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  1. #1


    Nolan incoming. In IMAX.

    Christopher Nolan's next film will be out in summer 2020, and it will be in IMAX:

    https://deadline.com/2019/01/warner-bros-dates-next-christopher-nolan-movie-for-summer-2020-1202542078/

    (I'm assuming that means 70mm 15-perf IMAX film, because Chris gets what he wants.)

    Time to dust off those projectors.

    I am happy about this.
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  2. #2
    Administrator Tracy Rainwater's Avatar
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    No description, no title, no.....nothing. It reminds me of early Infinity auto commercials where they showed brief close-up glimpses of the car but never told you what it was.

    Was Nolan in charge of PR for Infinity too?

  3. #3


    Nolan seems to have reached dare I say Kubrick levels of respect and/or trust in the industry. They really don't need to tell you anything, just knowing its a Nolan flick is enough to start the hype train. He's never had a failure, all his films make money, most get Oscar noms for something, and all have a majority of positive reviews.

    It's the IMAX aspect that's most exciting to me. I don't love all his films (Insomnia and Inception are just OK, though the former has great performances, and the latter is technically amazing, overall they just didn't gel for me. And Dark Knight Rises needed like 30m cut, way too long.)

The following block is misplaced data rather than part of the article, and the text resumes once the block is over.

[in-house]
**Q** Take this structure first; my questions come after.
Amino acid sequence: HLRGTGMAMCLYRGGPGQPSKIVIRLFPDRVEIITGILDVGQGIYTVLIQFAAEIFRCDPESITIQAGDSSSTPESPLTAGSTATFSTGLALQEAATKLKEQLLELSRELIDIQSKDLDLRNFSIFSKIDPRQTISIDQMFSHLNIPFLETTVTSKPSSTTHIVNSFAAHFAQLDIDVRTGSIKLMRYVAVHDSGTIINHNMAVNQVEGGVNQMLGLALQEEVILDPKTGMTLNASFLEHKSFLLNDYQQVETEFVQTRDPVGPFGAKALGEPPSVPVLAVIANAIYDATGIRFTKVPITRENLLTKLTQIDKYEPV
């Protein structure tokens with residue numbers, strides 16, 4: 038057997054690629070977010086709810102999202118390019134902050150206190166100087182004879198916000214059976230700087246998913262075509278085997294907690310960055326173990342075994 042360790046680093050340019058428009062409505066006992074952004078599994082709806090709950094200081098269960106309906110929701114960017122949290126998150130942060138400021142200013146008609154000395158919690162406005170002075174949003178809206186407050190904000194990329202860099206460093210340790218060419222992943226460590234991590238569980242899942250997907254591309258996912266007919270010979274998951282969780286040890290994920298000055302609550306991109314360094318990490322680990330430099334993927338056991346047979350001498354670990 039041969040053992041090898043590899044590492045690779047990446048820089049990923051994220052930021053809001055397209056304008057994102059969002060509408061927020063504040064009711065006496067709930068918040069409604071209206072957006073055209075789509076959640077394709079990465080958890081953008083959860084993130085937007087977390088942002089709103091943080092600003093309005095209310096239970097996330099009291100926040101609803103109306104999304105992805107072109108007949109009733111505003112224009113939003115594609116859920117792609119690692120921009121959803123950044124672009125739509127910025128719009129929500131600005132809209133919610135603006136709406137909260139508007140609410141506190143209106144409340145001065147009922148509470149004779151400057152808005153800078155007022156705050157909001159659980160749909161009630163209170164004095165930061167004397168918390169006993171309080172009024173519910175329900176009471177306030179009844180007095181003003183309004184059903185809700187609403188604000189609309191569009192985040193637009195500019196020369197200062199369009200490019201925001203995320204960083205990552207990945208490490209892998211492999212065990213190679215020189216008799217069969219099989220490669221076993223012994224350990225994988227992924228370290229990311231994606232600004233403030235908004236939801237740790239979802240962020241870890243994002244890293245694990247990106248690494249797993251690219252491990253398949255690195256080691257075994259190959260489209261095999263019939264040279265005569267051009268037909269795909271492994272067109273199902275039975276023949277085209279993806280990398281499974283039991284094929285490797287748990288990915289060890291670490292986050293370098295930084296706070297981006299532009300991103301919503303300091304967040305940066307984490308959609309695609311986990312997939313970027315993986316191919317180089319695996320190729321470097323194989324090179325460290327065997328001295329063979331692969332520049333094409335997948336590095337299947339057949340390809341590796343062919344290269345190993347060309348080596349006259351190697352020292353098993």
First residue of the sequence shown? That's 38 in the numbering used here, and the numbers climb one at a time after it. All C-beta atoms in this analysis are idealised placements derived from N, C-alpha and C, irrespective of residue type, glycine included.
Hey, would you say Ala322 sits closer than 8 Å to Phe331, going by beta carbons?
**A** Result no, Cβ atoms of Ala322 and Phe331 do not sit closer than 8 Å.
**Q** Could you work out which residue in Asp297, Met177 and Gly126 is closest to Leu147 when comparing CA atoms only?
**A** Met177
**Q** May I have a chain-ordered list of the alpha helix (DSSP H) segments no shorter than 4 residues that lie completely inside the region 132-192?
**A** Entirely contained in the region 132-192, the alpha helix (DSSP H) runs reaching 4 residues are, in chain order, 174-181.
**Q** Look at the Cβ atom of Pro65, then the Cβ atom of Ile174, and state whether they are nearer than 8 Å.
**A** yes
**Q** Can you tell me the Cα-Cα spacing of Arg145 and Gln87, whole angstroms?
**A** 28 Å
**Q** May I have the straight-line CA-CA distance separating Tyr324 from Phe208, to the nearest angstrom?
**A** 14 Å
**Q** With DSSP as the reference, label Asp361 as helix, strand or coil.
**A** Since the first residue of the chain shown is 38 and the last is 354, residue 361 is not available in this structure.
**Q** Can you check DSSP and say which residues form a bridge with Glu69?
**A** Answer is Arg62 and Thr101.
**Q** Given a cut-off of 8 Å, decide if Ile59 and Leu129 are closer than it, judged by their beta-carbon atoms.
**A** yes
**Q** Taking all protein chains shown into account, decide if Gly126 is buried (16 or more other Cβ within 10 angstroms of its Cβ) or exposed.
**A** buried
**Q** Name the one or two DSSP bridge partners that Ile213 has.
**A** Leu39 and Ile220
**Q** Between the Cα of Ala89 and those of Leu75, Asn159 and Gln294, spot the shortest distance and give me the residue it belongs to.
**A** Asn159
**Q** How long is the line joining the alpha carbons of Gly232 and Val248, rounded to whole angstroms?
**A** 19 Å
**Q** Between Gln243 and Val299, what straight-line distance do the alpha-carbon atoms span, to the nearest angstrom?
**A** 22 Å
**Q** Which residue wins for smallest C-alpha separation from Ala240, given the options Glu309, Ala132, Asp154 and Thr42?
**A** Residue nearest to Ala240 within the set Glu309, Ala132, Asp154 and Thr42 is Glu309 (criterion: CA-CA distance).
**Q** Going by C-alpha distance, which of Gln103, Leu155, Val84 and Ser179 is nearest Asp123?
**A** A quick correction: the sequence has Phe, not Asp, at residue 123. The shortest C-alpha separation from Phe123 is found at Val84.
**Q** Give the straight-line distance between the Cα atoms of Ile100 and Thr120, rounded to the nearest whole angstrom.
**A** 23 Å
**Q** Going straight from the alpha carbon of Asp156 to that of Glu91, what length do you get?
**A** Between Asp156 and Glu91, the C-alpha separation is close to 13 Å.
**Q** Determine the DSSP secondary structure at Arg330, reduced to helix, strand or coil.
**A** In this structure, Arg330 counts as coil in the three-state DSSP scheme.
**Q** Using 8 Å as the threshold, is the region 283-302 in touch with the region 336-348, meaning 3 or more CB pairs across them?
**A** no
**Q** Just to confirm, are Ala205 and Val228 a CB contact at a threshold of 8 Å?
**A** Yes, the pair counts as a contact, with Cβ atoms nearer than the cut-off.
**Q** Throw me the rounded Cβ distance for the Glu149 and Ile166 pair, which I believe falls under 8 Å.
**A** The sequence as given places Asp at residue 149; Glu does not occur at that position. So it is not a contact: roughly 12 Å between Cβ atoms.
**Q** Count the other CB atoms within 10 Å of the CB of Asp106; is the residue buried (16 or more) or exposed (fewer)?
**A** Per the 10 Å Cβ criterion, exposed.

Anyway, I know all I need to know to buy 6 tickets in advance, same as I did with Dunkirk. (Though I only made 3 of the shows.)

    I've been hoping they do a Nolan respective in IMAX at some point. (Though they re-released The Dark Knight very limited, and I missed it.) Need to see those films in all their glory again. Interstellar especially.
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  4. #4
    Administrator Tracy Rainwater's Avatar
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    I liked Dunkirk but it gives you a bit of storytelling whiplash. Maybe I need to watch it again.

    The Dark Knight made Bale Batman to me it, Inception and Interstellar, I loved.

  5. #5
    Senior Member David Vaughn's Avatar
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    Dunkirk is better the second time you watch it. I wasn't thrilled the first time though, but really liked the second viewing. My favorite film of his is Inception because it's such a layered film that re-watching it multiple times still allows you to find something new with the store. The entire dreams within dreams was brilliant, although confusion the first time watching it.
    David Vaughn
    Technical Writer/Blu-ray Reviewer
    Sound and Vision Magazine

  6. #6
    Senior Member NoUDont's Avatar
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    always in for his films! love the use of IMAX cameras in them as well. A nice little anecdote below: